When I first started seriously questioning the Mormon church last summer, my initial criticisms were centered around my feeling that Mormonism wasn’t Christian enough- Mormonism and Mormon scripture didn’t track closely enough with what I thought Christianity was all about (based on the New Testament, Church history, and the true Christians that I had come across over time). I felt like Mormonism was not leading me closer to Christ, but actually keeping me away from Him. Thus, in leaving Mormonism, my initial question was “what kind of Christian should I be?”

When I started this blog, my wife and I had only recently decided to actually leave Mormonism behind us, after struggling with it for some six months. I had also just read Donald Miller’s Blue Like Jazz, and I felt like becoming a Christian was something I wanted to do, but I wasn’t sure how to go about doing it. For some reason I didn’t feel like I already was a Christian, like I was already really committed to Jesus.

The problem was that my reasons for believing in Jesus, and in fact my reasons for believing in God at all, were basically the same reasons I believed in Mormonism. That is, I had simply been raised to assume that they were true, and this assumption was backed up by emotional “spiritual” confirmations. In deciding that those bases were insufficient for continued belief in Mormonism, I also took out the foundation, as flimsy as it may have been, for my entire belief in God. In other words, the same conclusions that made me question my belief in Mormonism made me ultimately question my belief in Jesus Christ and in any kind of God whatesoever.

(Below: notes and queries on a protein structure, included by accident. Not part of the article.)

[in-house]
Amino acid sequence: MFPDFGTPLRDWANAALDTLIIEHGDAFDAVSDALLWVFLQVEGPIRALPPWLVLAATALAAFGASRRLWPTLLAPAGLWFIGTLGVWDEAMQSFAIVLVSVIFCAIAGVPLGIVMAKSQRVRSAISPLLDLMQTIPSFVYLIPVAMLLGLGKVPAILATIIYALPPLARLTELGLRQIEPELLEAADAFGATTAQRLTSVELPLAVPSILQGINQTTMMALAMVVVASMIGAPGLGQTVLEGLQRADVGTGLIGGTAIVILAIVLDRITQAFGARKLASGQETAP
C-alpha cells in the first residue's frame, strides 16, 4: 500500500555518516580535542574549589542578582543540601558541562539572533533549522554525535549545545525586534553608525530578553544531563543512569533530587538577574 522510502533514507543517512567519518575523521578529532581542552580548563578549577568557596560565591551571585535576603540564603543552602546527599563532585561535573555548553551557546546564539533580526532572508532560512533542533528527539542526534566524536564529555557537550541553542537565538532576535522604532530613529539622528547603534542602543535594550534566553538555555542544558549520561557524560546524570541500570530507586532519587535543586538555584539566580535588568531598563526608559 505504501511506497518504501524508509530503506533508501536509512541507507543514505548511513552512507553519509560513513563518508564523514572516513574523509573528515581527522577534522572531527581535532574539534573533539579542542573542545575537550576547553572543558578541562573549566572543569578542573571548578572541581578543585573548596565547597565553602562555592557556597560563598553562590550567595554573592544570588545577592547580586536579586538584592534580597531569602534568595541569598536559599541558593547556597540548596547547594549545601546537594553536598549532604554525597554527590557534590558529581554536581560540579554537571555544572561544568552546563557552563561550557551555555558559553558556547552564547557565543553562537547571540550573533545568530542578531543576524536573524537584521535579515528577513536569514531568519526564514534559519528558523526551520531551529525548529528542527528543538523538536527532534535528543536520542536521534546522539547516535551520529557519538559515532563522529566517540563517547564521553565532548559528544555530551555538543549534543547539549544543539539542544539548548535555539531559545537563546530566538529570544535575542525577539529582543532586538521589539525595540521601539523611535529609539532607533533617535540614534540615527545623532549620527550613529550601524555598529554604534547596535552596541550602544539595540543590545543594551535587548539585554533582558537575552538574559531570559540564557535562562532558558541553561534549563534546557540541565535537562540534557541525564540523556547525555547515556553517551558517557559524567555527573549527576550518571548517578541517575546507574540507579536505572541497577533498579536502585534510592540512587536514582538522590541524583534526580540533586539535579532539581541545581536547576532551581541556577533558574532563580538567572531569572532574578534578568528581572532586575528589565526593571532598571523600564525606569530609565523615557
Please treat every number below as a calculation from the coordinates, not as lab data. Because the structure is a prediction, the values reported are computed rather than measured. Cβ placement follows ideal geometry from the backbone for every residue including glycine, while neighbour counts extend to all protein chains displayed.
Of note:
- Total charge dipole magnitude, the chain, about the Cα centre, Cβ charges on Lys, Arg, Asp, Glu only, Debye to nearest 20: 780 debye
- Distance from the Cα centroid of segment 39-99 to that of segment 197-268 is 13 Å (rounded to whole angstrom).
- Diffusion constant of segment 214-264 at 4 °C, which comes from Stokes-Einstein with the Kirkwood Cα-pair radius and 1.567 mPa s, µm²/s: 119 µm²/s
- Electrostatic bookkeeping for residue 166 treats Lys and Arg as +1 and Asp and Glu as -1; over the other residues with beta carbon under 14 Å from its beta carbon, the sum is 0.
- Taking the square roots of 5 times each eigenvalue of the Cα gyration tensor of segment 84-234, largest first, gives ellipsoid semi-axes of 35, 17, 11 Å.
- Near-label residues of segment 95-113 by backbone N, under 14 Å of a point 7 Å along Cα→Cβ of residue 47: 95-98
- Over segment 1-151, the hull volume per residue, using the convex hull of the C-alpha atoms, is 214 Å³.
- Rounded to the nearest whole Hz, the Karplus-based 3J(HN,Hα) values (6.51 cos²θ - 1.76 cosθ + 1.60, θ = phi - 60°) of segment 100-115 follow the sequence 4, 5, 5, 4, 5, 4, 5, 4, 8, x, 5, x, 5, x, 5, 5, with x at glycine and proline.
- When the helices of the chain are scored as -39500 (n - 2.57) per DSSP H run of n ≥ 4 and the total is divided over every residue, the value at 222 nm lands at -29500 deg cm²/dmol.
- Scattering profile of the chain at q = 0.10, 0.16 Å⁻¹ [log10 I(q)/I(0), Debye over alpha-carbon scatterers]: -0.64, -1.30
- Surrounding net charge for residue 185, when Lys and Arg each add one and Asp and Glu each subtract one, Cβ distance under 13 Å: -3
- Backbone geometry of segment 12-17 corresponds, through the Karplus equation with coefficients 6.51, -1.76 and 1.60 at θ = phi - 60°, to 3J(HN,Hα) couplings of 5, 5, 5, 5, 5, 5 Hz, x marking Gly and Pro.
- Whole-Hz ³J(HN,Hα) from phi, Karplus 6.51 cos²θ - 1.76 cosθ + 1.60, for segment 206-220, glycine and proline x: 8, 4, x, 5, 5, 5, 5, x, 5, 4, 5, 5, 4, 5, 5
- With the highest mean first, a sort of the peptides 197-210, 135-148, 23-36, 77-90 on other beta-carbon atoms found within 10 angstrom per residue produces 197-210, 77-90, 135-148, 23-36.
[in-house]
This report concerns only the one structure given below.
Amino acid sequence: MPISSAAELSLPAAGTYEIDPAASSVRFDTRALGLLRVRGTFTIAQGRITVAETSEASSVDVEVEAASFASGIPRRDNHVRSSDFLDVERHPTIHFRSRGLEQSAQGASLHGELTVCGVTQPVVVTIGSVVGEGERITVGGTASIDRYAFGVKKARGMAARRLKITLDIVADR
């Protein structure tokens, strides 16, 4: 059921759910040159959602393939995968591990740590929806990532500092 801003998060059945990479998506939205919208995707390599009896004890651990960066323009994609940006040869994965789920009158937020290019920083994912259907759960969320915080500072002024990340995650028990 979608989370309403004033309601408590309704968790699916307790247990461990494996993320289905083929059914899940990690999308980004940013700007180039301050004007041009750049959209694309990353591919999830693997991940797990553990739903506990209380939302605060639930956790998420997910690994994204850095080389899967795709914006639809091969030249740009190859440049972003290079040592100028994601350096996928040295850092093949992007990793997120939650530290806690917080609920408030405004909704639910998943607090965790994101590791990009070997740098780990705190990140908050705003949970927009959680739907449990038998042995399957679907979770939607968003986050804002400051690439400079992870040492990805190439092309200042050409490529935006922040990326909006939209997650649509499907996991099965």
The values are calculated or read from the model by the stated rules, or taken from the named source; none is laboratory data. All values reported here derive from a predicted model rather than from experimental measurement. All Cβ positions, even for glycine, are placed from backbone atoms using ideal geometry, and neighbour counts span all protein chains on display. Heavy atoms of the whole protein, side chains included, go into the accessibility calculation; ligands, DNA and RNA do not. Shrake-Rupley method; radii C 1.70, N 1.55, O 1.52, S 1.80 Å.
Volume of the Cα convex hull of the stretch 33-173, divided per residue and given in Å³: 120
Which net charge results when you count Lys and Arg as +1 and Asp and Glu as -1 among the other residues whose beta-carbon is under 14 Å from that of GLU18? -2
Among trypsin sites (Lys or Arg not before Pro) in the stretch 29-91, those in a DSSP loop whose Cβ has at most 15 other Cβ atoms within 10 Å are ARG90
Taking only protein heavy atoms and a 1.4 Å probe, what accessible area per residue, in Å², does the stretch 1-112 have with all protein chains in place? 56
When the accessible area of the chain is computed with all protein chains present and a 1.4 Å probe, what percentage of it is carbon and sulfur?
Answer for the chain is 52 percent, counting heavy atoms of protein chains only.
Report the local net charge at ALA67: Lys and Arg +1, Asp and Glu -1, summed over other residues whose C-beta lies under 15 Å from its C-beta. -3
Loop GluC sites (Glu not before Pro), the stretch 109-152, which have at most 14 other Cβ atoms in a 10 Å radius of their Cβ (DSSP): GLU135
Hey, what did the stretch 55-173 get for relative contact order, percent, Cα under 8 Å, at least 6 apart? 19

I was waiting for some kind of mystical experience, some kind of contact with the divine that was the real deal, not the easy “warm fuzzy” self-delusion of Mormonism’s Holy Ghost. I was waiting for God to reach out and shake me, to let me know that he was real, to give me some kind of contact. But it kept not happening.

With that in mind, I began giving a loud voice to my innner skeptic. I started reading Ebon Musings’s essays on atheism, which are honestly extremely compelling and very difficult to dispute. Eventually, I was in a place where I had to admit that I had no real reason to believe in God other than wishful thinking, and if I was to be honest with myself, I would have to admit that I simply did not believe.

It seemed like a destination of sorts. It wasn’t what I was shooting for when I set out towards Byzantium, but maybe the place we intend to be is often a lot less realistic than the place we really wind up. I wasn’t a nihilist or anything; I still had some core beliefs that I was more or less confident in. But I could not say that I affirmatively believed in God.

The thing was, I wasn’t happy. I didn’t really want to be an atheist. I actually like religion! Specifically, I was (and still am) convinced that while an aheist can be a very good and moral person, and that a religious person can be a complete jerkwad, nevertheless for me personally, religion in general and Christianity in specific were going to have a much greater potential to make me the kind of person that I wished I was. I could be a good person and an atheist, that was never in question. But no atheist philosophy was going to actually transform me into a New Man. And Christianity made that promise.

But my problem was that if I was going to believe something, it would have to be more intellectually honest than my beliefs had previously been. No putting doubts on the shelf. No convincing myself until I was convinced. Nothing like that. I wanted to believe, but I didn’t want it so bad that i was willing to delude myself into believing.